Great Use for the Chard in my garden Used the chard from my garden. Easy to make, delicious. The only changes I think it needs is more chard - I'll double or triple the leaves on each next time - and some grated onion rather than shallots in the filling for more flavor and moisture. Sometime I'll also try some roasted red pepper in the filling.
June 21, 2010
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By: EatingWell User
What a great idea! I am going to try it. I think I will eliminate the oil, and replace the bread with brown rice. I will also use onion instead of shallots. I like the idea of ground turkey, although I may mix turkey & beef some time, just to experiment with it. I will also use my slow cooker. I love chard, and I usually eat it steamed or raw. But for a cooked meal, this recipe sounds GREAT. Thanks for sharing.
June 21, 2010
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By: EatingWell User
The amount of chard in this recipe is negligible. It's just enough to make some people feel virtuous, & not enough to do much good.
June 21, 2010
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By: EatingWell User
If you wanted to make a healthy dish, why use beef and make it unhealthy. I would like to see how you can make it without the beef.
June 17, 2010
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By: EatingWell User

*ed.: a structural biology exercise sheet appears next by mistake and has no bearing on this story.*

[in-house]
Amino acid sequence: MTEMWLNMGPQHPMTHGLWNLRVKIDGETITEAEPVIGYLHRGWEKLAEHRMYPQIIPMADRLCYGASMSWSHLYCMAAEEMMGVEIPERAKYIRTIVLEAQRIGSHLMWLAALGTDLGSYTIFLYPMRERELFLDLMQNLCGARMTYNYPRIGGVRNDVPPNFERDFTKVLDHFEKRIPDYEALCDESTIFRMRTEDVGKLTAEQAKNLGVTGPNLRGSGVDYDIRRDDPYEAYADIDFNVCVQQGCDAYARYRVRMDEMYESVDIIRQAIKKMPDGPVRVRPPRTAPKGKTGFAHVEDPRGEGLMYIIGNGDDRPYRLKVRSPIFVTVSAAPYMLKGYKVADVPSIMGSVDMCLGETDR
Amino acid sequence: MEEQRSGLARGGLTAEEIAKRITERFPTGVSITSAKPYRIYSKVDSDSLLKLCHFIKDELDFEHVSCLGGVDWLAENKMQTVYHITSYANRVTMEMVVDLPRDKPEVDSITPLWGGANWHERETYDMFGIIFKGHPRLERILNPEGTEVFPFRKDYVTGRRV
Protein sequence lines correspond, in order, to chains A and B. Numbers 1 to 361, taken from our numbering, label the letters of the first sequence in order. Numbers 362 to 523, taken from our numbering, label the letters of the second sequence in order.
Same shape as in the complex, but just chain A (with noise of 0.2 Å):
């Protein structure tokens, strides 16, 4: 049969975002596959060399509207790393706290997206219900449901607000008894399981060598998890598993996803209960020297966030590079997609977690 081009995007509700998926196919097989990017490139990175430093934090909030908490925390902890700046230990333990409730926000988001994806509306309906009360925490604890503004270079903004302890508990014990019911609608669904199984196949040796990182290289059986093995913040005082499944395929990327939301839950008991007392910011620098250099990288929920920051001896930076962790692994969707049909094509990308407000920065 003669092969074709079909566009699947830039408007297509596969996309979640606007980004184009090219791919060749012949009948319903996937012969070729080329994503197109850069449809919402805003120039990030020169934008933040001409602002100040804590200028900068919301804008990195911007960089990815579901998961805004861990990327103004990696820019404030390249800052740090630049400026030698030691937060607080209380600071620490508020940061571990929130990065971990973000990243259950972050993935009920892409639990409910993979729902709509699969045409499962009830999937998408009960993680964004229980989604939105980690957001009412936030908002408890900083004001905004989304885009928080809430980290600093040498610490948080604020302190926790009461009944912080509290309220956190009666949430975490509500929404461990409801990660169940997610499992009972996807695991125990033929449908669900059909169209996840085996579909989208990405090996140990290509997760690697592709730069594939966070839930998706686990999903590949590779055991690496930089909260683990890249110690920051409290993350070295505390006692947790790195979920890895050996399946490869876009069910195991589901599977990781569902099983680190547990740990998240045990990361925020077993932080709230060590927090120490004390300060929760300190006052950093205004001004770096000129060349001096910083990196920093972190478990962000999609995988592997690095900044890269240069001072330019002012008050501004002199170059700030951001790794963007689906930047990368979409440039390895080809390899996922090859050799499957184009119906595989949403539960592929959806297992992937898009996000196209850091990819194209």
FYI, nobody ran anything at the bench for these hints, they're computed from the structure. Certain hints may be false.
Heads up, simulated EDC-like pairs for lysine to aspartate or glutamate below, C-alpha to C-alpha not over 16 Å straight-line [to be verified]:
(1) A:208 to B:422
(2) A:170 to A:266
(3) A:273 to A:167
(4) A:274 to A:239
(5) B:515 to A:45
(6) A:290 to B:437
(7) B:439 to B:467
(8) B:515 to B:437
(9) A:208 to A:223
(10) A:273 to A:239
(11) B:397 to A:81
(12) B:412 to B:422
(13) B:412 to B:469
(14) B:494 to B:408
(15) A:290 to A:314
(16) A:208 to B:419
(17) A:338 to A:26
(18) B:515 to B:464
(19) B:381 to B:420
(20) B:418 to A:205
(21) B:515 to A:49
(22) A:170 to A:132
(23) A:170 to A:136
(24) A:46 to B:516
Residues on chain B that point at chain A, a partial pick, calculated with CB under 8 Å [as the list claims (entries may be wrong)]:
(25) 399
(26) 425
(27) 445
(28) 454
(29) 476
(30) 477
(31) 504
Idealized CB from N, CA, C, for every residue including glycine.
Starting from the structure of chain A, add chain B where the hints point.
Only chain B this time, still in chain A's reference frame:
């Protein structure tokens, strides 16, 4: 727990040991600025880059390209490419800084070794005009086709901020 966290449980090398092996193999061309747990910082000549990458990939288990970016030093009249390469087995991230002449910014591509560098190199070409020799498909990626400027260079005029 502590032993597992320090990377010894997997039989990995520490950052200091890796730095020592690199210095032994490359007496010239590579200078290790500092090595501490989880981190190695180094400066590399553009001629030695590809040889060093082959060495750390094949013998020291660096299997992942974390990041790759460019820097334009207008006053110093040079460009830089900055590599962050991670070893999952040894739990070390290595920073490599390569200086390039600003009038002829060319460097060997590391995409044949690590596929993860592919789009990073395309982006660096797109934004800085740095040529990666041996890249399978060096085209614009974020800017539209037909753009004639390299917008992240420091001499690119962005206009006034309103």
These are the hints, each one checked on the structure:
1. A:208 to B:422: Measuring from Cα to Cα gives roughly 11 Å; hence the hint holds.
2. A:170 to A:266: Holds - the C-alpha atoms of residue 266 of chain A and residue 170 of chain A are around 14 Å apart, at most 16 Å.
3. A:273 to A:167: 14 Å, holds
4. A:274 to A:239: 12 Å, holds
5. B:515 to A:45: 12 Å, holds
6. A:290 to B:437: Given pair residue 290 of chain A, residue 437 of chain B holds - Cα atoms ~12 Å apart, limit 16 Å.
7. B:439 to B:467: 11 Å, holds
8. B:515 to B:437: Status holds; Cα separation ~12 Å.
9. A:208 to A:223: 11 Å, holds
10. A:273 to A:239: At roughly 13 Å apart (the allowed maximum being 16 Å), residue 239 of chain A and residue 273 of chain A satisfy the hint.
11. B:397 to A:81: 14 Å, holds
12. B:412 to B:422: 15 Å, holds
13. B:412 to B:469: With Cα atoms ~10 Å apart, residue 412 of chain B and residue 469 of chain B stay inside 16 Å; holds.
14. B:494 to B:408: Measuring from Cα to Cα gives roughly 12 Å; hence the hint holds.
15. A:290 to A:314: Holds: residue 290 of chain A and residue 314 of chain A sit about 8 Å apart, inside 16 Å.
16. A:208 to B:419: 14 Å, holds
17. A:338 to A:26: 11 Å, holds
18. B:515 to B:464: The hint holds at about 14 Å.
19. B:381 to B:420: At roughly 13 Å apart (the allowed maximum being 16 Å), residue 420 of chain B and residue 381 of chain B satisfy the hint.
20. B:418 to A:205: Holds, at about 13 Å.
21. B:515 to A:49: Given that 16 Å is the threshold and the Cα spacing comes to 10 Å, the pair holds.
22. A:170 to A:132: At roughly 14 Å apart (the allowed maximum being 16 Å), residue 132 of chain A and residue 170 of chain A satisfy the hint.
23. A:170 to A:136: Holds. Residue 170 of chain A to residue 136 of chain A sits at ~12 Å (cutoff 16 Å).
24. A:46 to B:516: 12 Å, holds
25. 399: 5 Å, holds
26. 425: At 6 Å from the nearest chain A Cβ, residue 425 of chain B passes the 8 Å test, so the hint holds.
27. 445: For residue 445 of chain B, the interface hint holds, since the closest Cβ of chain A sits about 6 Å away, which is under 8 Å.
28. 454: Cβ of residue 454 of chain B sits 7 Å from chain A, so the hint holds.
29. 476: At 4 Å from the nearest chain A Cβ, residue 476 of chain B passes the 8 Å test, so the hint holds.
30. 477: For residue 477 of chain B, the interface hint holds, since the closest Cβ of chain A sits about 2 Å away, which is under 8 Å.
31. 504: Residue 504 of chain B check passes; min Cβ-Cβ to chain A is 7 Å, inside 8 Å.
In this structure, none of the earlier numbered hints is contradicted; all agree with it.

We're always looking for new dinner ideas. If they are VERY good, we keep the recipe on a go-to list. If they just okay, we discard...already have enough "just okay" recipes! Made this tonight and it was a definite keeper! Both my husband and I loved it. I made a few minor changes. Used fresh garlic instead of garlic powder. Added a little Worchestershire sauce in with meat mixture along with a little paprika and Emeril's Essence ( in LOTS of dishes! I added about 1/2 cup of diced red bell pepper and 2 tblsp. balsamic vinegar to the marinara and added fresh oregano and thyme (instead of dried herbs) about 5 minutes before it was finished reducing. Served it with brown rice and topped the rolls with marinara and freshly grated parmesan. It was VERY good!! Good enough and attractive enough to serve to guests!
May 09, 2010
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By: jordanhorowitz
This is a delicious and easy recipe (I agree with the others). I used ground turkey instead of beef, though.